The 1970s? Disco.

    Music executives have always been conservative in terms of finding new talent. But, there is often that rare instance when a musician or a band gets a break and evolves artistically.

    So, again, "commercialism" is always a part of the music industry. But, I do think that it's much harder to get a hit record these days than say back in 1965. Why? Well, it's almost impossible to have a number one single without having a music video on MTV and VH1. Remember Christopher Cross? That guy won the Grammy for Best New Artist, but couldn't get anywhere once MTV got bigger (the guy wasn't that good looking).

    So, if you want a hit record today, make sure you are extremely good looking and have a great video on MTV.
  19. donteventhinkaboutit Jedi Knight

    Member Since:
    May 14, 2002
    star 1
    "I've got a question to pose to this group...
    How do you feel music will evolve in the next 10 years? Many "experts" say towards a "techno/trance" dance music, while some say we'll revert back to more of a "rock" style. Or could it all stay the same? "

    It seems foolish to think there will be any kind of dramatic change in the music industry. Techno has come and gone, people have been saying it will be the next big thing for about 6 years, it's not going to happen. Things will stay the same as they are.

    As I already said, there's plenty of good music out there. People who only watch MTV and listen to commercial radio have no right to complain, they haven't even looked :p
  20. RidingMyCarousel Force Ghost

    Member Since:
    Feb 20, 2002
    star 6
    It seems foolish to think there will be any kind of dramatic change in the music industry. Techno has come and gone, people have been saying it will be the next big thing for about 6 years, it's not going to happen. Things will stay the same as they are.
    -- I must disagree to the bold (no pun intended) words you stated. There is still a lot of a techno influence on society. A lot of music soundtracks have been created with a techno sound base to them (eg: "Swordfish"). A lot of "techno" elements have been included in popular music as of late, especially in Europe.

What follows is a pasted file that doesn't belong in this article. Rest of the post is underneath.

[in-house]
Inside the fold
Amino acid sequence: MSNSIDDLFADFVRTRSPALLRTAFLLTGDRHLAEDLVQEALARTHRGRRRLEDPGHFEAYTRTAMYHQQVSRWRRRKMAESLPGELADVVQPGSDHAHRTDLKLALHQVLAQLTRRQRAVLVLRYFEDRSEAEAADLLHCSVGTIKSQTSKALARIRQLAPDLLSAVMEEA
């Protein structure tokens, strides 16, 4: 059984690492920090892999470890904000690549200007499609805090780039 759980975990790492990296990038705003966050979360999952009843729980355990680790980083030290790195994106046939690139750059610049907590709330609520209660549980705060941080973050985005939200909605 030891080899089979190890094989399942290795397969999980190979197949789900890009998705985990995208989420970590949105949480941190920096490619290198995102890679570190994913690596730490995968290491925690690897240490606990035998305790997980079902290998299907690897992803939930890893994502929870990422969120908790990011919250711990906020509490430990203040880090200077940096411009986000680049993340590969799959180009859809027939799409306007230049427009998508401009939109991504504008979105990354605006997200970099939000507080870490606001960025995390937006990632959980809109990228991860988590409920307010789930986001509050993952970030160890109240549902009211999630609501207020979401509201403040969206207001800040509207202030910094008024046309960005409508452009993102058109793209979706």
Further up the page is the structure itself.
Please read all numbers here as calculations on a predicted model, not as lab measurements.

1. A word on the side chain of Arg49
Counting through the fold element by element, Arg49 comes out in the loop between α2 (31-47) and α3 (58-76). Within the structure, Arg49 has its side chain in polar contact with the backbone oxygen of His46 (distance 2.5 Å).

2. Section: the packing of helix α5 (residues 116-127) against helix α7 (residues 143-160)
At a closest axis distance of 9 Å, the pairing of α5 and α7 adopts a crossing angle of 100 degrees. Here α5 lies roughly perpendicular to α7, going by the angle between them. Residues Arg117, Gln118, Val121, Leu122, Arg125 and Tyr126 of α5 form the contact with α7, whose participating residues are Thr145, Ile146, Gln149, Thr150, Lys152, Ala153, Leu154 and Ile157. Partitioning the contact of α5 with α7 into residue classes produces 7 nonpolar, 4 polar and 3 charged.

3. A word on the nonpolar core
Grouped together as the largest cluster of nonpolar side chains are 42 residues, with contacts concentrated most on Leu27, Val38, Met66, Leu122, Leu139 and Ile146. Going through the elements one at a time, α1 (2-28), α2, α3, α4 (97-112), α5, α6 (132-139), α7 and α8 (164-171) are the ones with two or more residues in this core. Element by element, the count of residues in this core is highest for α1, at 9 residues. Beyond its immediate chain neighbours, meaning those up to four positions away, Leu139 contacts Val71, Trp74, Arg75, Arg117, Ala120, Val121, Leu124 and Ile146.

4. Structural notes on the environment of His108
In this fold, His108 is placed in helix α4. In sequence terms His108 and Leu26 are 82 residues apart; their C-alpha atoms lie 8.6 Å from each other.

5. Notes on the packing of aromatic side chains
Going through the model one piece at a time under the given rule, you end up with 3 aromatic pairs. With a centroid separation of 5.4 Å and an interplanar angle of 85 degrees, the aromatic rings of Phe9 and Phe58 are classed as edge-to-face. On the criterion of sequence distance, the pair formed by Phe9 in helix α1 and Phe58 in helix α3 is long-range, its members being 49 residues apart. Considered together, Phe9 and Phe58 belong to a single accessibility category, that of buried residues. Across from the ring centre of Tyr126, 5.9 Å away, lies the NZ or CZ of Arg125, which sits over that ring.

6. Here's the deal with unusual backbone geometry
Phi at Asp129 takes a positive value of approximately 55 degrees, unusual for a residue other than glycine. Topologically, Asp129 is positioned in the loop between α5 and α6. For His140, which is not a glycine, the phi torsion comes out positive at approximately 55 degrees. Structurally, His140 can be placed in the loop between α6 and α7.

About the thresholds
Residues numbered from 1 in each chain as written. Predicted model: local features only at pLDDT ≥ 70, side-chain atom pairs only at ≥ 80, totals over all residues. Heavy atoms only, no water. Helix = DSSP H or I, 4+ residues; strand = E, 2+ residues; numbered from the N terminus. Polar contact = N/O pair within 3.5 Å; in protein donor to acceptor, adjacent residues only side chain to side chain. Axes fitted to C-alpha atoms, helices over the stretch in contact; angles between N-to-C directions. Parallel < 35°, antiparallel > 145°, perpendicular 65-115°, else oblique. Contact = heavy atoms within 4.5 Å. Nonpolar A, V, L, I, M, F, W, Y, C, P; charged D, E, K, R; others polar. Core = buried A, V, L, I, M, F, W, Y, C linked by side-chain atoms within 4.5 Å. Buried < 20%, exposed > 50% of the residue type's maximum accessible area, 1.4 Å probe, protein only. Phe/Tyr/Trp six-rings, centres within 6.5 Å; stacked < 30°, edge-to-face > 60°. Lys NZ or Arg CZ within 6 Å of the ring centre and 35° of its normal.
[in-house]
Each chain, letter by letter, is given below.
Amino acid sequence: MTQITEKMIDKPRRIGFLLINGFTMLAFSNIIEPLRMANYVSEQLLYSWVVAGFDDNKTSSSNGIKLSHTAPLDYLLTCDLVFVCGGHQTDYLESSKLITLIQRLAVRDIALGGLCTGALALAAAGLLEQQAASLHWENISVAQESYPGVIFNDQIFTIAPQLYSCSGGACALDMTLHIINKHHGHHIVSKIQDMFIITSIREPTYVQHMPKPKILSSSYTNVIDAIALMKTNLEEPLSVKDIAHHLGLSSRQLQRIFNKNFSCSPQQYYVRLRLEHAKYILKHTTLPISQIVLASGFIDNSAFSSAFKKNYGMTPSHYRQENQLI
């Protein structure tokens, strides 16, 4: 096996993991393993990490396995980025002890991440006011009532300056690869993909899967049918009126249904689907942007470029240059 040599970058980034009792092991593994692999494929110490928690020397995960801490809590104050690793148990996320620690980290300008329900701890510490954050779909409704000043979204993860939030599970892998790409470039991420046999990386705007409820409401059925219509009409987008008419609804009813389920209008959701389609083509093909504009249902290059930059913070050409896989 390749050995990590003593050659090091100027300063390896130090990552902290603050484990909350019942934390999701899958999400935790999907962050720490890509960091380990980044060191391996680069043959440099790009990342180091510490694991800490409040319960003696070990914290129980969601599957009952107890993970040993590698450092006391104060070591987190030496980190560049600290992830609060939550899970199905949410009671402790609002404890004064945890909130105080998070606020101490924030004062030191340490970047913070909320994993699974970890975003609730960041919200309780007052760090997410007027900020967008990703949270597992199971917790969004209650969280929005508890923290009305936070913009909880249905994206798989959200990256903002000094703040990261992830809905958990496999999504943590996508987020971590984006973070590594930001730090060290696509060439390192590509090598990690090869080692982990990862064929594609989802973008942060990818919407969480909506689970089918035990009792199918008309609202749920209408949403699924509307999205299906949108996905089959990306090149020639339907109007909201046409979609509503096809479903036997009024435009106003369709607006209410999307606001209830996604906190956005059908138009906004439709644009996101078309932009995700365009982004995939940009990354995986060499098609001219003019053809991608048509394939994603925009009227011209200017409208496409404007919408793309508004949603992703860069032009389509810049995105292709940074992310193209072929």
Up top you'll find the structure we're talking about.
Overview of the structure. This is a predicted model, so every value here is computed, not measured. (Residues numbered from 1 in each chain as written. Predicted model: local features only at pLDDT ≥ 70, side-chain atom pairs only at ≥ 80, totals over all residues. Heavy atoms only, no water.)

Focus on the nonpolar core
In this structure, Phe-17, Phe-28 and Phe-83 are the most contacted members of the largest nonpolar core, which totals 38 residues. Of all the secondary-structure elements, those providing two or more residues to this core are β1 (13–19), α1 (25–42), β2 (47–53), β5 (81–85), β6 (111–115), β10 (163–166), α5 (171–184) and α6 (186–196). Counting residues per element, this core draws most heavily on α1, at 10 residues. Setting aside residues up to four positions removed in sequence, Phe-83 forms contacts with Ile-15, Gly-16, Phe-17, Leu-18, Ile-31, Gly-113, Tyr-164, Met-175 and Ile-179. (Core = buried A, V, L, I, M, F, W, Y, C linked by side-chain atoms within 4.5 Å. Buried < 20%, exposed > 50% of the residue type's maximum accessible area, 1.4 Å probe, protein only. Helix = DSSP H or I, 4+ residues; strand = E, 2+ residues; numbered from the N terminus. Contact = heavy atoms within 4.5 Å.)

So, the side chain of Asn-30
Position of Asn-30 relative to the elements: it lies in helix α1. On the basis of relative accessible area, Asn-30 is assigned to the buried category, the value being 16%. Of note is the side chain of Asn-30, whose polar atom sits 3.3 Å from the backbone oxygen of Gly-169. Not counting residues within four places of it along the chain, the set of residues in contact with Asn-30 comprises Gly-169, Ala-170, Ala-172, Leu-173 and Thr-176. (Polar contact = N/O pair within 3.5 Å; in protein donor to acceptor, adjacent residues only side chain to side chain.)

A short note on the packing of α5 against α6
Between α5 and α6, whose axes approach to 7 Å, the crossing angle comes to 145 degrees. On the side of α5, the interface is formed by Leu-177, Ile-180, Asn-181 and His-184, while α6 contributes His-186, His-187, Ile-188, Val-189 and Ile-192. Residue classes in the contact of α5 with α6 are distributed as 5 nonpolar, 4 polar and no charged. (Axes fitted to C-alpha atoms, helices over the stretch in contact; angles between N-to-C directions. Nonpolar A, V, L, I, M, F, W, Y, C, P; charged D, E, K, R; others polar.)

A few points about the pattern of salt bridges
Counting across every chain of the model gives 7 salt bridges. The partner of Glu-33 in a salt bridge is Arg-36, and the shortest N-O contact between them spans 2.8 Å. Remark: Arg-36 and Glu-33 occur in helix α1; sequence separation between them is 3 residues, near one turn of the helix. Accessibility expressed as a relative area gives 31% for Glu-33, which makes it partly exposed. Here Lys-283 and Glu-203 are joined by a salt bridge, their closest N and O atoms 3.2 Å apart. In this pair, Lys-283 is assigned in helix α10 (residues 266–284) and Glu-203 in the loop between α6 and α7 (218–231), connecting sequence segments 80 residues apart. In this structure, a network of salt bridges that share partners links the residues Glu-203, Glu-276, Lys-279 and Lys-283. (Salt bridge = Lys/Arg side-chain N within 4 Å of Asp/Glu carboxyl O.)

By the by.. does this discussion pertain only to American music (as in the American channels and charts)?
  21. Porkins in a Speedo Jedi Grand Master

    Member Since:
    May 6, 1999
    star 5
    Wait, so you're saying that commercialism wasn't a factor in the music industry during say the middle of the 20th century? I can't believe that.

    got me wrong.

    i'm simply saying (IMHO) that commercialism has changed music, in the last 20 years, more dramatically than it did before the last 20 years. there was no mtv until august 1, 1981. mtv took commercialism to a whole new level.
  22. KansasNavy Force Ghost

    Member Since:
    Mar 10, 2001
    star 4
    I like Rock, and it seems Rock is on the upswing. Bands like Nickelback, Stained, Puddle of Mud, with the guys who've been around like Aerosmith, STP, and Pearl Jam will help bring it to the fore-front. Of course, there will still have to be a big band to hit the scene. If we can just get the rock stars off the drugs, we could become mainstream.
  23. EvenflowSith Force Ghost

    Member Since:
    May 14, 2001
    star 3
    MTV is crap. It has indeed ruined the business.
  24. RidingMyCarousel Force Ghost

    Member Since:
    Feb 20, 2002
    star 6
    I like Rock, and it seems Rock is on the upswing. Bands like Nickelback, Stained, Puddle of Mudd...
    -- Unfortunately in my opinion, some of these bands have been tainted by success. Nickelback's second album, Silver Side Up, is a lot more "produced" than their debut, "The State". And Staind's second (technically third) album, "Break the Cycle" shows more music creativity but also more "popiness" than Dysfunction or Tormented. Although, I will admit, I still love them. But don't get me started on Korn, mmkay? ;) :p
  25. Radiohead Jedi Master

    Member Since:
    Mar 31, 2002
    star 4
    Okay, I gotcha, PiaS. I think we're thinking along the same lines, then.

    It seems foolish to think there will be any kind of dramatic change in the music industry.

    I can't really agree with this. This is like saying that everything that has been invented has already been invented. The kinds of popular music will change and those changes will become more evident once we distance ourselves from them with time.

    I do think, however, that for a long time there hasn't been a breakthrough musical form that is radically different from anything we've heard. I still think the first "breakthrough" musician--a musician that made the most innovative foray into the industry--was Elvis Presley. Then, came The Beatles and Bob Dylan. Jimi Hendrix, The Who, and Led Zeppelin came shortly after. Then, I think it was The Sex Pistols and The Ramones. Run DMC and the rise of hip hop has been the last major innovation in the music industry.

    And, no, I'm still not convinced that Nirvana are as influential as those artists I listed above.